U24 Worlds: Brackets Approaching, Surprising Ireland, USA Still Undefeated

USA’s Codi Wood guarding New Zealand’s Jordan Tan. Photo: Kingsley Flett — Ultiworld.

Today’s play at the UWA Sports Complex featured an unexpected impromptu showcase game. In the early afternoon, the noise couldn’t be ignored: Spectators began streaming towards field number eight, where the Ireland and Great Britain men were playing for what seemed like more than the top of pool D. Something tells me that both teams had circled this matchup in their schedule. Their chants and singing had a passion that spoke of an ancient rivalry.

The game was fast paced and physical. In the breaks, when the Irish locked arms and swayed with their heads tilted back, singing ‘Angels’ to the sky, you could close your eyes and almost be transported to the terraces of Lansdowne road and a sea of green scarves. A Coloradan standing next to me shook his head. “Man, these guys have got some baggage,” he said.

Olly Dodd flies in to catch a “screamer.” Photo: Kingsley Flett — Ultiworld

The growing throng of spectators looked at each other in amazement as players from both sides threw themselves into the contest. What a highlight late in the game when GB’s Olly Dodd skied to catch a huck that had hung up in the wind. He brought the pack of players down in a tangle of arms and legs and the result was a contact call that took some time to resolve. In the indigenous game of Australian Rules Football, they have a name for what Olly did: it’s called ‘pulling down a screamer.’ Appropriate wordage in this case.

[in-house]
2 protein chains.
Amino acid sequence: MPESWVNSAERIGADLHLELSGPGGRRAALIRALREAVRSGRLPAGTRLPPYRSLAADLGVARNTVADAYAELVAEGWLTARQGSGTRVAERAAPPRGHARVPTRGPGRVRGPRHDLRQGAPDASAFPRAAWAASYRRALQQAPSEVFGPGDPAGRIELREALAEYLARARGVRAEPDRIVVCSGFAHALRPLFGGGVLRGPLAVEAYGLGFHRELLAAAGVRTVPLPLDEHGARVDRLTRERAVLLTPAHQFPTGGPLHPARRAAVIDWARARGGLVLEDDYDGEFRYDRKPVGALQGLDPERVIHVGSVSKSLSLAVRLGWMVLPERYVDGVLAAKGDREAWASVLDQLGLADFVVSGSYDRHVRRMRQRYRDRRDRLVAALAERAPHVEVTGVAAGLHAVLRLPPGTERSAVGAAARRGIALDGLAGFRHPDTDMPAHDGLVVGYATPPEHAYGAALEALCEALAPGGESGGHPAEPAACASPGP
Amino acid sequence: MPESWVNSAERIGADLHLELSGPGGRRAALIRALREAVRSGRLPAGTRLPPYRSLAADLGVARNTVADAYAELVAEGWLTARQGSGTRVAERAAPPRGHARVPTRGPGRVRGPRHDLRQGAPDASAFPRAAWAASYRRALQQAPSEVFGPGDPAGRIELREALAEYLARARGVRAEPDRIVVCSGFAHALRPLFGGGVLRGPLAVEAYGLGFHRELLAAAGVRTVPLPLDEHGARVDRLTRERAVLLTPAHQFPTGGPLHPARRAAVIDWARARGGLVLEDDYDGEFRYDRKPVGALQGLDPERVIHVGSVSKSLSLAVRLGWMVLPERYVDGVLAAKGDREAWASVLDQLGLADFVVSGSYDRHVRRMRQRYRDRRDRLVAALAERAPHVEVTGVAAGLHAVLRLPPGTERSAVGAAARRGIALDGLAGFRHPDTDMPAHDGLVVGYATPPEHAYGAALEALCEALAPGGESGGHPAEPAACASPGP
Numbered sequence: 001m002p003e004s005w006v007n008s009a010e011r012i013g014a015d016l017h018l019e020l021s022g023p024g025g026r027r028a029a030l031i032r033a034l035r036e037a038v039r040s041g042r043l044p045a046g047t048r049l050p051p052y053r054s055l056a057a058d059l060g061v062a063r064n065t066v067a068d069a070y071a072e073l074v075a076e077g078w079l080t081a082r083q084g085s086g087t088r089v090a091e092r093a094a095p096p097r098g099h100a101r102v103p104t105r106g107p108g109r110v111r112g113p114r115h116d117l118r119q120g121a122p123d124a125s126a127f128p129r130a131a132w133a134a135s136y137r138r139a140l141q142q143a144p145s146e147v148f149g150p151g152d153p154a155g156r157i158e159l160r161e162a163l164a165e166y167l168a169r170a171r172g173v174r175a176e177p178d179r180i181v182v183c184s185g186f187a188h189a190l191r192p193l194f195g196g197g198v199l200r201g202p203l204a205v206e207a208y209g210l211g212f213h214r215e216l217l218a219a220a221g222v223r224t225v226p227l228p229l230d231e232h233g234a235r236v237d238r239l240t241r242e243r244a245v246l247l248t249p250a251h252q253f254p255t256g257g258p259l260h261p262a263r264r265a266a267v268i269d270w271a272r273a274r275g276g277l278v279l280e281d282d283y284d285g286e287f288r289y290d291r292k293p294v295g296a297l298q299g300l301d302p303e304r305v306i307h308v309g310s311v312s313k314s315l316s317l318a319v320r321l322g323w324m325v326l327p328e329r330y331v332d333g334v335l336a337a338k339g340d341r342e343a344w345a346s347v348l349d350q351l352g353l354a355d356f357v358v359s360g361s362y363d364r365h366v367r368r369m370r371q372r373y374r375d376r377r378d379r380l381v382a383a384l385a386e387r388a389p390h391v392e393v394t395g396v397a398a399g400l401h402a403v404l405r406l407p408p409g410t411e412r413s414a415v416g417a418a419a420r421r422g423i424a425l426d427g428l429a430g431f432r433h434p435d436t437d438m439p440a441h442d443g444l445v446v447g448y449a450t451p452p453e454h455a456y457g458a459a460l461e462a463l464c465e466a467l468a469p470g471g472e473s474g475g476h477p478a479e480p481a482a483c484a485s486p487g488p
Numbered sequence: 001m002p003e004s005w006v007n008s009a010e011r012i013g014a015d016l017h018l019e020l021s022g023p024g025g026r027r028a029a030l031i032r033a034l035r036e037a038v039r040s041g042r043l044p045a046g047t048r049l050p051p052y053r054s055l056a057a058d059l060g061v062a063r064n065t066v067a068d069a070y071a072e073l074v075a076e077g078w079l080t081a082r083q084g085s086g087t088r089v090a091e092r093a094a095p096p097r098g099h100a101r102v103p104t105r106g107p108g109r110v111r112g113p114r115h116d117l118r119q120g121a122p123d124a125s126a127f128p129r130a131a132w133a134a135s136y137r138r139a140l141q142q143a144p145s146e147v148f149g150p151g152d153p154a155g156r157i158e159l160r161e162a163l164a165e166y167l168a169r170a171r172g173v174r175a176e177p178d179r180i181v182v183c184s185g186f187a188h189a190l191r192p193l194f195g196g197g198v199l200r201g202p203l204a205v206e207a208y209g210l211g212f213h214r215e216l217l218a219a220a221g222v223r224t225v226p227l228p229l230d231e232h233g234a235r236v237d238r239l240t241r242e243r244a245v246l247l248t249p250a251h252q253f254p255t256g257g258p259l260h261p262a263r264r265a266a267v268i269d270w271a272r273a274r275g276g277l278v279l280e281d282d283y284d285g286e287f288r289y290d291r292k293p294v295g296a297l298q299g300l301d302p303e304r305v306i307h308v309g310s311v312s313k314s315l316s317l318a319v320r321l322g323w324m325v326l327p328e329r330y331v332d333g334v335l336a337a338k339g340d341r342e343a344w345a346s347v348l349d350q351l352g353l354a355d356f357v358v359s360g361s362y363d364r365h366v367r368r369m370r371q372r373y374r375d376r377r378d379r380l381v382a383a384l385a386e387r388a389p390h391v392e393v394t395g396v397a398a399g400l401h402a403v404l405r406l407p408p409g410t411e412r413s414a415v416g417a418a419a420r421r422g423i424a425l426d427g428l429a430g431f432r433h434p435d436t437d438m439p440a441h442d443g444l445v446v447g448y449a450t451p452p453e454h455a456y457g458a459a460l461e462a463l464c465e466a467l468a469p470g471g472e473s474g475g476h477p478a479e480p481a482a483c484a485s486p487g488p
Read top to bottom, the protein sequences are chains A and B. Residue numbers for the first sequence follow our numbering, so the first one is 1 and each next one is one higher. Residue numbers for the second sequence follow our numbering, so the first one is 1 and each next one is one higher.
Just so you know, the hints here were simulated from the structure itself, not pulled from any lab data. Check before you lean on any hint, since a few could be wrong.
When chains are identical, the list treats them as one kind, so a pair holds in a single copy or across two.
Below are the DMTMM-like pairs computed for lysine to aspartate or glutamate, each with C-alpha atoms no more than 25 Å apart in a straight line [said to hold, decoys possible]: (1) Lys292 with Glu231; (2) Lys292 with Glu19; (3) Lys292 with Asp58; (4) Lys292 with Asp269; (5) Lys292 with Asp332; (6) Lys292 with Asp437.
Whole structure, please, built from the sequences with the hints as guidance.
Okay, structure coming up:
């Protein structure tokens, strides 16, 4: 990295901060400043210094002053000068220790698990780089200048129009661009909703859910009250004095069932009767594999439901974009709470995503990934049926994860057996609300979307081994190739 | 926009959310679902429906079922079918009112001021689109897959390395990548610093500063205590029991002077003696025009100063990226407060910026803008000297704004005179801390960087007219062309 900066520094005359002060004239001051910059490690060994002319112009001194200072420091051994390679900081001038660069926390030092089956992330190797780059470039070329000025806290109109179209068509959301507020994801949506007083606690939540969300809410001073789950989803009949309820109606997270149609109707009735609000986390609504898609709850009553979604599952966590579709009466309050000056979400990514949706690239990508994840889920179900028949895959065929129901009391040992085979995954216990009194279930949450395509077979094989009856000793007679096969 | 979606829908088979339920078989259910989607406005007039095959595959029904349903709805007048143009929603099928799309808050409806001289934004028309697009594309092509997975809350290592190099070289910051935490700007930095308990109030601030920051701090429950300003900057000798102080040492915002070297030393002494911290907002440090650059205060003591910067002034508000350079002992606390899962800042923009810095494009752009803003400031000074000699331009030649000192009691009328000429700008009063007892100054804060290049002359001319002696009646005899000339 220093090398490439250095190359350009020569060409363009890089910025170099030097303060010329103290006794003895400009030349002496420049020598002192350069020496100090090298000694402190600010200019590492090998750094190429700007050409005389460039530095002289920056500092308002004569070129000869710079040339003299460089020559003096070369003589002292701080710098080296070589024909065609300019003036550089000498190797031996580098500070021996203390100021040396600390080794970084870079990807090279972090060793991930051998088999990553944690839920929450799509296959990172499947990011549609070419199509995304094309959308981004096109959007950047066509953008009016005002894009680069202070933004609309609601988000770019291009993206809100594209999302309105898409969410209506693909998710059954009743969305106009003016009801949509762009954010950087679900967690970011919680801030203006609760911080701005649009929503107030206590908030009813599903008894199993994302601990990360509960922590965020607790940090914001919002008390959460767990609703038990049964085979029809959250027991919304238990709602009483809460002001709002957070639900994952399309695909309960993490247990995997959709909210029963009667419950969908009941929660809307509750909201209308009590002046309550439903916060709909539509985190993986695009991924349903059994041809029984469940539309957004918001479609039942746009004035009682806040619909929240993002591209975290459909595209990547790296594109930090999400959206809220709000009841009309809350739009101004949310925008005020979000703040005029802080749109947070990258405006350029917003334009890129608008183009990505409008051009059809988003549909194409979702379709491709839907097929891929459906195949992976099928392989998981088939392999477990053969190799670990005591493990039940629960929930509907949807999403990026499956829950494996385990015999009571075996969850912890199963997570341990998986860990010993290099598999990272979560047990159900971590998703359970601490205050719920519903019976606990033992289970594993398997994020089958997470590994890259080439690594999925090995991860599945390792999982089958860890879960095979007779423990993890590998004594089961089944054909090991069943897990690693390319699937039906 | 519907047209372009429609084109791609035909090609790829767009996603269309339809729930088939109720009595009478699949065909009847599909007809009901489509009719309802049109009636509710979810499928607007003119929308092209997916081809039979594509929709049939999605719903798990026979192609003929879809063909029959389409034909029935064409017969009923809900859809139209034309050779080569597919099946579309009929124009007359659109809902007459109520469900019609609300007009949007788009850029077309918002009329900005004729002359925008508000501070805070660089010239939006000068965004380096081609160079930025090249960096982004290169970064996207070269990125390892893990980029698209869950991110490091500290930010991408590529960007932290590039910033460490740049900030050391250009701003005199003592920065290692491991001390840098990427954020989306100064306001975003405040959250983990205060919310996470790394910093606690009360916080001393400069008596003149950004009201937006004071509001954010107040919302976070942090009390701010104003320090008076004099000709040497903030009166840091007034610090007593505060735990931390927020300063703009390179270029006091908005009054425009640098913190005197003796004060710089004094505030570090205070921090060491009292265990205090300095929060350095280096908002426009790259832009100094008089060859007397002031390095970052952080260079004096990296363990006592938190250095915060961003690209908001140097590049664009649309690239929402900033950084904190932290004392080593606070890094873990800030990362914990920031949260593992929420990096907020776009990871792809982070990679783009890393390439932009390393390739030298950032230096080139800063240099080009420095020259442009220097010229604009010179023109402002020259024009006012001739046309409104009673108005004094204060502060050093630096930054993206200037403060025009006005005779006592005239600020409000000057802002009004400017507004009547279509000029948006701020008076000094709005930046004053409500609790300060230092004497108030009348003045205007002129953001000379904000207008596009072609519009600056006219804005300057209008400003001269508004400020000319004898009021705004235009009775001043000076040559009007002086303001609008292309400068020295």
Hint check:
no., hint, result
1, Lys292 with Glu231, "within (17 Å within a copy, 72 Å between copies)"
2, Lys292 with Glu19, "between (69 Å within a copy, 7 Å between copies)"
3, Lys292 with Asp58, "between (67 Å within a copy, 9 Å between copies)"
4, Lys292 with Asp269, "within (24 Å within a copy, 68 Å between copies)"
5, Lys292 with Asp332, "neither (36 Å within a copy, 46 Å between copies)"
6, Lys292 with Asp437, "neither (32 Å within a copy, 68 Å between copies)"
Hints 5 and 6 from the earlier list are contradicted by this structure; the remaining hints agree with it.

Ireland triumphed 11-10 in the end, overrunning a Great Britain team who clung in vain to a two-goal lead late in the game. They’ve been a surprise side, the Irish, and although they dropped their following game to Singapore, they are still the 6th best performed team and can look forward to matchups with Japan and Australia in power pools.

Great Britain also took their tired legs into a contest with a US team that haven’t been fully tested so far in the tournament. The US stacked a 15-6 win on top of a 15-1 romp against New Zealand early in the day.

US coach Joe Durst is satisfied with his team’s week so far. “It’s difficult to tell where we are at until we are in competition,” he said after the win over New Zealand. “In practice, our offense and our defense tend to shut each other out, so we need the competition to see how we measure up. It’s a shame we won’t see Japan until later in the week. We really want to play them. But otherwise we’ve had a smooth preparation. No significant injuries and only two guys who got sick and they are recovering well.”

USA’s Sawyer Thompson hucks down the line. Photo: Kingsley Flett — Ultiworld

“They are more of a frat-like squad, these guys,” Durst said when asked about the cohesion of his team. “They are less likely to hug each other than past teams and they do push each other. There’s a lot of internal competition and keeping each other sharp.”

The USA faces Germany and Italy, who are both 3-1, coming up in power pools.

Speaking of injury and illness, I dropped by the Physio tent and checked in with chief physiotherapist Michelle Bergeron for a summary of the injuries she’s seen so far.

“Strained hamstrings mainly,” she said. “I think that’s just to do with the workload. Most of the strains are on the pivot leg which suggests they come from the repetitive lunging from playing multiple games in the day.”

I must have cursed her, though, because the next thing she said was “excuse me” as an Indian player was brought in with a suspected concussion.

We begin the march towards the finals.


USA’s Amel Awadelkarim. Photo: Satchel Douglas — Ultiworld.

Our coverage of the Under-24 World Championships is presented by VC Ultimate. All opinions are those of the authors. Thanks for supporting the brands that make Ultiworld possible!